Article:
Arnold Kling  

Failing Banks

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[update: see Woodward and Hall for an idea for handling Citicorp. I assume they mean to deal with the parent company, Citigroup.]

See Simon Johnson and Tyler Cowen. Tyler argues that shutting down failing banks could be really ugly, because the large complex holding companies are not something that the FDIC has experience in managing.

I think that the FDIC is going to have to learn how to deal with the "too big to fail" holding companies sooner or later, and better sooner than later. My view is that zombie banks are a bigger threat to the health of the financial system than a shutdown of failed banks, even if shutting them down is a really ugly process.

Keep in mind, also, that these large holding companies have lots of debt outstanding. The simplistic economic view of bankruptcy is that the shareholders hand over the keys to the debtholders, who become the new owners of the firm. Maybe that is what should happen with the failed banks.


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COMMENTS (11 to date)
Bill writes:

How does the simplistic view of bankruptcy compare with what happened with Lehman?

von Pepe writes:

Yes. The bondholders are the new equity owners. It is quite simple, and has a long track record. I guess the size is the only diference this time around but the principle is simple.

Pietbull writes:

There is an interesting plan proposed by the German Economist Ulrich van Suntum to replace those toxic assets by government zero bonds. The idea is to keep them in the bank`s balances until their present value is only equal to the present value of the toxic assets. (CAWM-discussion paper No. 12) Couldn`t that really work?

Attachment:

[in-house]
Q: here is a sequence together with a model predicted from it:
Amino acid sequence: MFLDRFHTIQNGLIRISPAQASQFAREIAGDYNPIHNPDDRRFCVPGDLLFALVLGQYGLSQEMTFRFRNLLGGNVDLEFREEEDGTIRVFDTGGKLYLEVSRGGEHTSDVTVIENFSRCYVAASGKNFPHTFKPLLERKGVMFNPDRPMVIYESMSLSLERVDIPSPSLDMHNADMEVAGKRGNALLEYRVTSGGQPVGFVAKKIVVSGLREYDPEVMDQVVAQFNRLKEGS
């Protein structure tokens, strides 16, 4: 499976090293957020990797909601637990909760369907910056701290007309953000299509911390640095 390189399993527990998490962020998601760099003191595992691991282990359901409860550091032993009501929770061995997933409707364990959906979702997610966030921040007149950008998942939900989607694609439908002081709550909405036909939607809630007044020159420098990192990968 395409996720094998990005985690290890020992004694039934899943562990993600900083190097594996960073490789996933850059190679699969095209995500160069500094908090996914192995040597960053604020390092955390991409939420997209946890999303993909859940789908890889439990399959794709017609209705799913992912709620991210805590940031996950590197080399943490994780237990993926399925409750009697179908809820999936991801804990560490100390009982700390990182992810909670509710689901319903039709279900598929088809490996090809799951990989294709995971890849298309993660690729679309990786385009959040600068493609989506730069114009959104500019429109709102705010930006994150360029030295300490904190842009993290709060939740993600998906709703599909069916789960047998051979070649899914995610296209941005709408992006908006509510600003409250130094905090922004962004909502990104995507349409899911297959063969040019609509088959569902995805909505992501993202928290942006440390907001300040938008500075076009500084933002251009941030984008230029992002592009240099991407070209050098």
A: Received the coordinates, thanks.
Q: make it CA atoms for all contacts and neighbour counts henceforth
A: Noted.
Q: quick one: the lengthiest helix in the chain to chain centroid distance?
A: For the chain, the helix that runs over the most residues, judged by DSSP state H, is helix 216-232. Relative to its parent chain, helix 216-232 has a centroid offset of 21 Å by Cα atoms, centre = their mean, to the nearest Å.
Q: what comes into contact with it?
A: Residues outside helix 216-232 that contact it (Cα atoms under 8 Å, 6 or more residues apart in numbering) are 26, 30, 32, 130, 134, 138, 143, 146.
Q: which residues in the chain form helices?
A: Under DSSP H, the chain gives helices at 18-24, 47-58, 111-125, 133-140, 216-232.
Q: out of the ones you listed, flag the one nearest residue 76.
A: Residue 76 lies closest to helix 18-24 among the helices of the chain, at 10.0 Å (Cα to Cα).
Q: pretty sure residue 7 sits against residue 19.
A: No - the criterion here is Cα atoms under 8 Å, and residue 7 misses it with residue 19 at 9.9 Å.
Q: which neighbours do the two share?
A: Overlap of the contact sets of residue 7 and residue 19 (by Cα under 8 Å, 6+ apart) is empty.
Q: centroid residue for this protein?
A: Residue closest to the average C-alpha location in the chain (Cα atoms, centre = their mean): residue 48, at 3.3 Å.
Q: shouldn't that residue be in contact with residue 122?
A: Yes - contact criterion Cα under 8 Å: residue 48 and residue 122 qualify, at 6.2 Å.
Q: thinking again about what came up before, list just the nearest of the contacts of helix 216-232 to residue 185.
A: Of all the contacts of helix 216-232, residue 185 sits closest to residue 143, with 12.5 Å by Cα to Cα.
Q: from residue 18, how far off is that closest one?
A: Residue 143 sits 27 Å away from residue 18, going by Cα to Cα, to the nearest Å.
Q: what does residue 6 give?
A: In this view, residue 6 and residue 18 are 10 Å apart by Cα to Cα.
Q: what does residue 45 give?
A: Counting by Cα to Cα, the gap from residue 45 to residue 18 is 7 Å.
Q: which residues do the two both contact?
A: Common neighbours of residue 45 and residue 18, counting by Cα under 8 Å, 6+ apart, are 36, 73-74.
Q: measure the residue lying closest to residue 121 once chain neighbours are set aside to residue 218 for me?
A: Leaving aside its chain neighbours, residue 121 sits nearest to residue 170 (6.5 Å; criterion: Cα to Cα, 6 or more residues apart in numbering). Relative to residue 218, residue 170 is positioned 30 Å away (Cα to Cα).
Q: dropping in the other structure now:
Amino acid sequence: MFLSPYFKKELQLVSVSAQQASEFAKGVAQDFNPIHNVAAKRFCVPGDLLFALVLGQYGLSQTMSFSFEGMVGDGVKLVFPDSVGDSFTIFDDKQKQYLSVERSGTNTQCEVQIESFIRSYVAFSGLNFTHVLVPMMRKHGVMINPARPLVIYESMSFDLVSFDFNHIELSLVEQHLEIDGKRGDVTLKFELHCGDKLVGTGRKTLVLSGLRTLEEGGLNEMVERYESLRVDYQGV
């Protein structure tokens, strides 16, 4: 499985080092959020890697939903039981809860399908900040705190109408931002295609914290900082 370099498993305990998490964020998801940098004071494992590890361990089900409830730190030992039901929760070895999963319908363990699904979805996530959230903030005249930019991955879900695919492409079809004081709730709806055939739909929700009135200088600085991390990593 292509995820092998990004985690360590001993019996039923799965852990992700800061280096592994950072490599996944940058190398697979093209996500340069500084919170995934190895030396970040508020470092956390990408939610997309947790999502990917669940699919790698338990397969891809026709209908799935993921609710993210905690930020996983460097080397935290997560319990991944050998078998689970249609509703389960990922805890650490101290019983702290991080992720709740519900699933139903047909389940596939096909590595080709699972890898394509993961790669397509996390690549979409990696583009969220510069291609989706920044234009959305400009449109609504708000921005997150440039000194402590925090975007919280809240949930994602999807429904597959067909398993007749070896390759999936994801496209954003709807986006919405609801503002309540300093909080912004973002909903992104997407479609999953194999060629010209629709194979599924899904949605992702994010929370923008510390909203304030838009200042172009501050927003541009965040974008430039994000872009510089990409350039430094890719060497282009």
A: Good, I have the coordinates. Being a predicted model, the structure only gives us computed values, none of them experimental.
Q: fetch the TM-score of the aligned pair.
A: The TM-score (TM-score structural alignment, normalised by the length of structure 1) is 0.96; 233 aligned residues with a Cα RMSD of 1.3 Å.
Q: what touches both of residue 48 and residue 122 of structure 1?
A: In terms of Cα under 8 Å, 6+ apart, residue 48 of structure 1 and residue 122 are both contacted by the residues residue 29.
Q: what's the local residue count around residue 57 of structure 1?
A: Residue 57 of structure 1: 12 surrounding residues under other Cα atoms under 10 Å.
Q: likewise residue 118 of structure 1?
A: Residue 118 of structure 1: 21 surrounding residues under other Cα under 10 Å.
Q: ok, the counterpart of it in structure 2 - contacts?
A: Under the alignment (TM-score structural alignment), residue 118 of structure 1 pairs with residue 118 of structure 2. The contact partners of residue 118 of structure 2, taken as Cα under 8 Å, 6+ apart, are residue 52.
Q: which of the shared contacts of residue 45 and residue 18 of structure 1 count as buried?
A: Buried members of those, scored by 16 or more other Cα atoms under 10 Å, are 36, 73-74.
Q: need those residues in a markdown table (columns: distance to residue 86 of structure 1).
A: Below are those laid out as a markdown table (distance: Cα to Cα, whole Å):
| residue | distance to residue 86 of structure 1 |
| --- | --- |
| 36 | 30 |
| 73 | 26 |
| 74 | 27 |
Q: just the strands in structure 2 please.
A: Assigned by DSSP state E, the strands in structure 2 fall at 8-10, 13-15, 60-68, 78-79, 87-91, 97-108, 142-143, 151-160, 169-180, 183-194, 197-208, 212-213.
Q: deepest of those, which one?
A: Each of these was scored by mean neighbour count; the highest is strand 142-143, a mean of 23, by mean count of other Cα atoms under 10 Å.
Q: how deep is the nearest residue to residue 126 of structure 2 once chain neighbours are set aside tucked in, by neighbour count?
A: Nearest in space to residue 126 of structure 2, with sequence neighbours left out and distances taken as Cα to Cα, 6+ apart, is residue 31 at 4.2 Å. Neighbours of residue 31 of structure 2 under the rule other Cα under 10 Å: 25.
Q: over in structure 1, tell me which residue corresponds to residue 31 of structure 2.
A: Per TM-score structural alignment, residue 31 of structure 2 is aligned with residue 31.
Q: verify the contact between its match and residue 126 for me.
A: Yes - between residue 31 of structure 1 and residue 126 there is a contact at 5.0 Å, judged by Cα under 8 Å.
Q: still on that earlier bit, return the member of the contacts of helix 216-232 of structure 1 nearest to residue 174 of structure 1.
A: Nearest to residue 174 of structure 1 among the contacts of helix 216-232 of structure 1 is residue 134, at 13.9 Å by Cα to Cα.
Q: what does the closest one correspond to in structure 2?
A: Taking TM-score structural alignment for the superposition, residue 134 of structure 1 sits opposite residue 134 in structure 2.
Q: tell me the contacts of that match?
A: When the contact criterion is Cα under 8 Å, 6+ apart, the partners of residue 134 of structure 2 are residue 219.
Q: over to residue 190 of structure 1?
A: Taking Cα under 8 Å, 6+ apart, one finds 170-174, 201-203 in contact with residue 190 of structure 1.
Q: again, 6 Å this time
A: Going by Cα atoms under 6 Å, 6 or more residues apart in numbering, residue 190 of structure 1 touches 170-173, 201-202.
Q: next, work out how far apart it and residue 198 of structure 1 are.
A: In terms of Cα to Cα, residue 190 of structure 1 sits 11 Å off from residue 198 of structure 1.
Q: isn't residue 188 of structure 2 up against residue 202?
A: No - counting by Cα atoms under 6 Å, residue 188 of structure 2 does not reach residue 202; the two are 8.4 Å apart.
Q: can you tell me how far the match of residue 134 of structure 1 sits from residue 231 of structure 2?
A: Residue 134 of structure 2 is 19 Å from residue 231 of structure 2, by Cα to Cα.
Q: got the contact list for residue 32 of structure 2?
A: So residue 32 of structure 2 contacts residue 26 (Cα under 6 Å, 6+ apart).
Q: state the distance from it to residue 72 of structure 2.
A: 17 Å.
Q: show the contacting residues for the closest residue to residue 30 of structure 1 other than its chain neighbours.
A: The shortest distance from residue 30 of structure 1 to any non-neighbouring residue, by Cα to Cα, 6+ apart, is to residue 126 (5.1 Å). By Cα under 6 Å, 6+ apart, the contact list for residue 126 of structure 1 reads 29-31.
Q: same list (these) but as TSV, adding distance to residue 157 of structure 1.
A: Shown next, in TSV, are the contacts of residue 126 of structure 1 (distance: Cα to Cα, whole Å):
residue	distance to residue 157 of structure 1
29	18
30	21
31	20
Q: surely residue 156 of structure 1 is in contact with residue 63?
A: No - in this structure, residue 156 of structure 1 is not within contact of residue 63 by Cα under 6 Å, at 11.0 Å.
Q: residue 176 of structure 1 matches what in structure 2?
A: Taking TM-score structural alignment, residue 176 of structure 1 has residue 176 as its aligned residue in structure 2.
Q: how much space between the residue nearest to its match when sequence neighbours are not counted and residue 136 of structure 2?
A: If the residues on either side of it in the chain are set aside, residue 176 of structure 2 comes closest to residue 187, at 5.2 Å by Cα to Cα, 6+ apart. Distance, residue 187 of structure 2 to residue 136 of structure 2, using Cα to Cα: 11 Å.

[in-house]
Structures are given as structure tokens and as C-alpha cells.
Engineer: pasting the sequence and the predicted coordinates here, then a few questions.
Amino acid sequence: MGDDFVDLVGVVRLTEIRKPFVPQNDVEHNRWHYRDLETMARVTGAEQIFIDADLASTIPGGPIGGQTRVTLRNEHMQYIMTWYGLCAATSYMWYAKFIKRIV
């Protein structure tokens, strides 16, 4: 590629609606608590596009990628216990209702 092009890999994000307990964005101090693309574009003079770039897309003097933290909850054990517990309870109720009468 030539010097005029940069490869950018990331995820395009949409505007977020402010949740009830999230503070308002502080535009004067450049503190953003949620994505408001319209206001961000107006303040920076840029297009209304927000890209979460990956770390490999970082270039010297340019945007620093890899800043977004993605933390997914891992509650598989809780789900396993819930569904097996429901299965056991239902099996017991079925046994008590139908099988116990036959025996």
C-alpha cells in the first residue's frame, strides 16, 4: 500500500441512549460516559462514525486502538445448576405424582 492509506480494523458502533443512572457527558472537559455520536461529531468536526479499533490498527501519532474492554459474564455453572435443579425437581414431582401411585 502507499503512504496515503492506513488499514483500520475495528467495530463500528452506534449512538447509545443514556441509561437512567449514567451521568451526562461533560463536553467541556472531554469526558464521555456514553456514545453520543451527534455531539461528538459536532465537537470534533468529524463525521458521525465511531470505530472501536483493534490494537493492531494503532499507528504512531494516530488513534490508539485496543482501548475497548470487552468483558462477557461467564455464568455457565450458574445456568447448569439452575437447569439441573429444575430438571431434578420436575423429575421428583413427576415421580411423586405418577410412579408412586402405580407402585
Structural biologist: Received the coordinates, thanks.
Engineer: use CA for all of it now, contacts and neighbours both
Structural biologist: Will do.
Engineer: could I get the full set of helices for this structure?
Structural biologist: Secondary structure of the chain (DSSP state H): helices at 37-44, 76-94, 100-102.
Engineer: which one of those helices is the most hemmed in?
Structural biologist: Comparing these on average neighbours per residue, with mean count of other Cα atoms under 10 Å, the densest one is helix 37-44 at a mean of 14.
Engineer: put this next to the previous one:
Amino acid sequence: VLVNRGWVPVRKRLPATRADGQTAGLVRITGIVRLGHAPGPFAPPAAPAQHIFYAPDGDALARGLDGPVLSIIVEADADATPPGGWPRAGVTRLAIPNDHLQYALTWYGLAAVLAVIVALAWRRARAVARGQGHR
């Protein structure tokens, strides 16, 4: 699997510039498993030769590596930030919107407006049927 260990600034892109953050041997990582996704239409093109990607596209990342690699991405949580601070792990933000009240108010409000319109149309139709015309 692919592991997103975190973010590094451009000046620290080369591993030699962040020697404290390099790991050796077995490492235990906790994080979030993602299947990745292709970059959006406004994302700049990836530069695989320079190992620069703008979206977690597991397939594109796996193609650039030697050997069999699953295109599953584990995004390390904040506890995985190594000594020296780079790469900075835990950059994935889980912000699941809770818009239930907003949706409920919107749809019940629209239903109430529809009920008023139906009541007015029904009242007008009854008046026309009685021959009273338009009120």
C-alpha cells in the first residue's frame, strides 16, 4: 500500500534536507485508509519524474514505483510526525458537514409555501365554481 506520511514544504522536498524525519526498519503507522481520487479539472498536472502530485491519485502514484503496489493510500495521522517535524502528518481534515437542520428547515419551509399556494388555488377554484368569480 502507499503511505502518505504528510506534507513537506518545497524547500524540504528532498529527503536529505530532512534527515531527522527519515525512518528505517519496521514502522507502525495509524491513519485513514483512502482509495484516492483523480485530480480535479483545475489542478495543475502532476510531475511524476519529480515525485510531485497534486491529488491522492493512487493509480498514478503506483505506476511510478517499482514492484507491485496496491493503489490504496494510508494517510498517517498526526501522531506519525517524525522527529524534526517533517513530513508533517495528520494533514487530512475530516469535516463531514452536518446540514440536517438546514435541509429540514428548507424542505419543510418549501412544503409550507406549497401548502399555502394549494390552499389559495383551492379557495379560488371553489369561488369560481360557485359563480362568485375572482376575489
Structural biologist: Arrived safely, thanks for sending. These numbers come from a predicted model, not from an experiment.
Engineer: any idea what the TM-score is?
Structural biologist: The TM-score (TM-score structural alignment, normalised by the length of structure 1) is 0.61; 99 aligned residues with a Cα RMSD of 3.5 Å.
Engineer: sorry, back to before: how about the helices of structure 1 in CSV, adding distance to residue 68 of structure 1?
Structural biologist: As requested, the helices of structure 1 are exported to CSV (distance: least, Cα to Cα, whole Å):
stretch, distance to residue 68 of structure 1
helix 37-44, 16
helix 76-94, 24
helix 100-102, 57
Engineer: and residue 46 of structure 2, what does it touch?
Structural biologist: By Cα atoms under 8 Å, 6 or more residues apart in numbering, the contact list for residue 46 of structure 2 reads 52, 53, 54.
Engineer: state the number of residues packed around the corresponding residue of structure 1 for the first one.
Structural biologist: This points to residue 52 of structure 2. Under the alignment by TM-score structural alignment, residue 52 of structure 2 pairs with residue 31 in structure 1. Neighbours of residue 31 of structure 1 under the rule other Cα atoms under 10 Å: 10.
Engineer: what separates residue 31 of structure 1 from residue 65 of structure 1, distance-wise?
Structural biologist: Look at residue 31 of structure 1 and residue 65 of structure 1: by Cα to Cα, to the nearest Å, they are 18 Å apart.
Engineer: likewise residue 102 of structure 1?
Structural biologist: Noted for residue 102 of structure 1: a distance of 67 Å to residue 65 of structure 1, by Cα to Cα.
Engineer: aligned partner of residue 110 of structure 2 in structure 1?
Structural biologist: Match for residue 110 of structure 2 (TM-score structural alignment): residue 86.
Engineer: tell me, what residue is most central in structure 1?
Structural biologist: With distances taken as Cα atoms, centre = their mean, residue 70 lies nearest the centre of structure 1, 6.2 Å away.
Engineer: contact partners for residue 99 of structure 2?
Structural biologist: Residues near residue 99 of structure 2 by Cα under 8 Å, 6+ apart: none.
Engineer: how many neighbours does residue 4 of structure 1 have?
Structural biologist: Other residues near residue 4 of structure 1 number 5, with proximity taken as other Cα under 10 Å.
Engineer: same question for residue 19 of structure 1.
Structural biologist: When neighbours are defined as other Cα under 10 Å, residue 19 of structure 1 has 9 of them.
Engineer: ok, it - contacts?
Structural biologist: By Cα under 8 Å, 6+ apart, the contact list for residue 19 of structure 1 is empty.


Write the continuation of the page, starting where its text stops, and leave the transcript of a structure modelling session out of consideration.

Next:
Randy writes:

It seems to me that the question is who will revalue the assets. In a bankruptcy the assets will be revalued at auction, and the debt holders have an incentive to obtain the highest possible price as quickly as possible. If the government seizes the assets, they will be distributed in accordance with political objectives which may very often not mean obtaining the highest possible price, nor will it be done quickly.

Lance Cross writes:

Where "nationalize" means to pay at least fair value for equity and to purchase enough equity so that the banks are adequately capitalized using current accounting and capital rules, honestly applied, and sold in three months, shouldn't they be nationalized?

The bonds should be converted except if policy makers are scared of that, this is the next best approach to the problem.

The government's running banks for a time is neither appealing nor necessary. Dealing with the assets that have declined in price and are said to be cheap separately isn't required. They may very well appear attractive once they are detached from the accounting misrepresentation of bank balance sheets that they cause.

Gu Si Fang writes:

Yes, debt-to-equity conversion is an interesting option. However, it could not be applied to public debt. A massive conversion of private debts would create an inventive to lend to governments rather than private entities, in order to avoid the next conversion.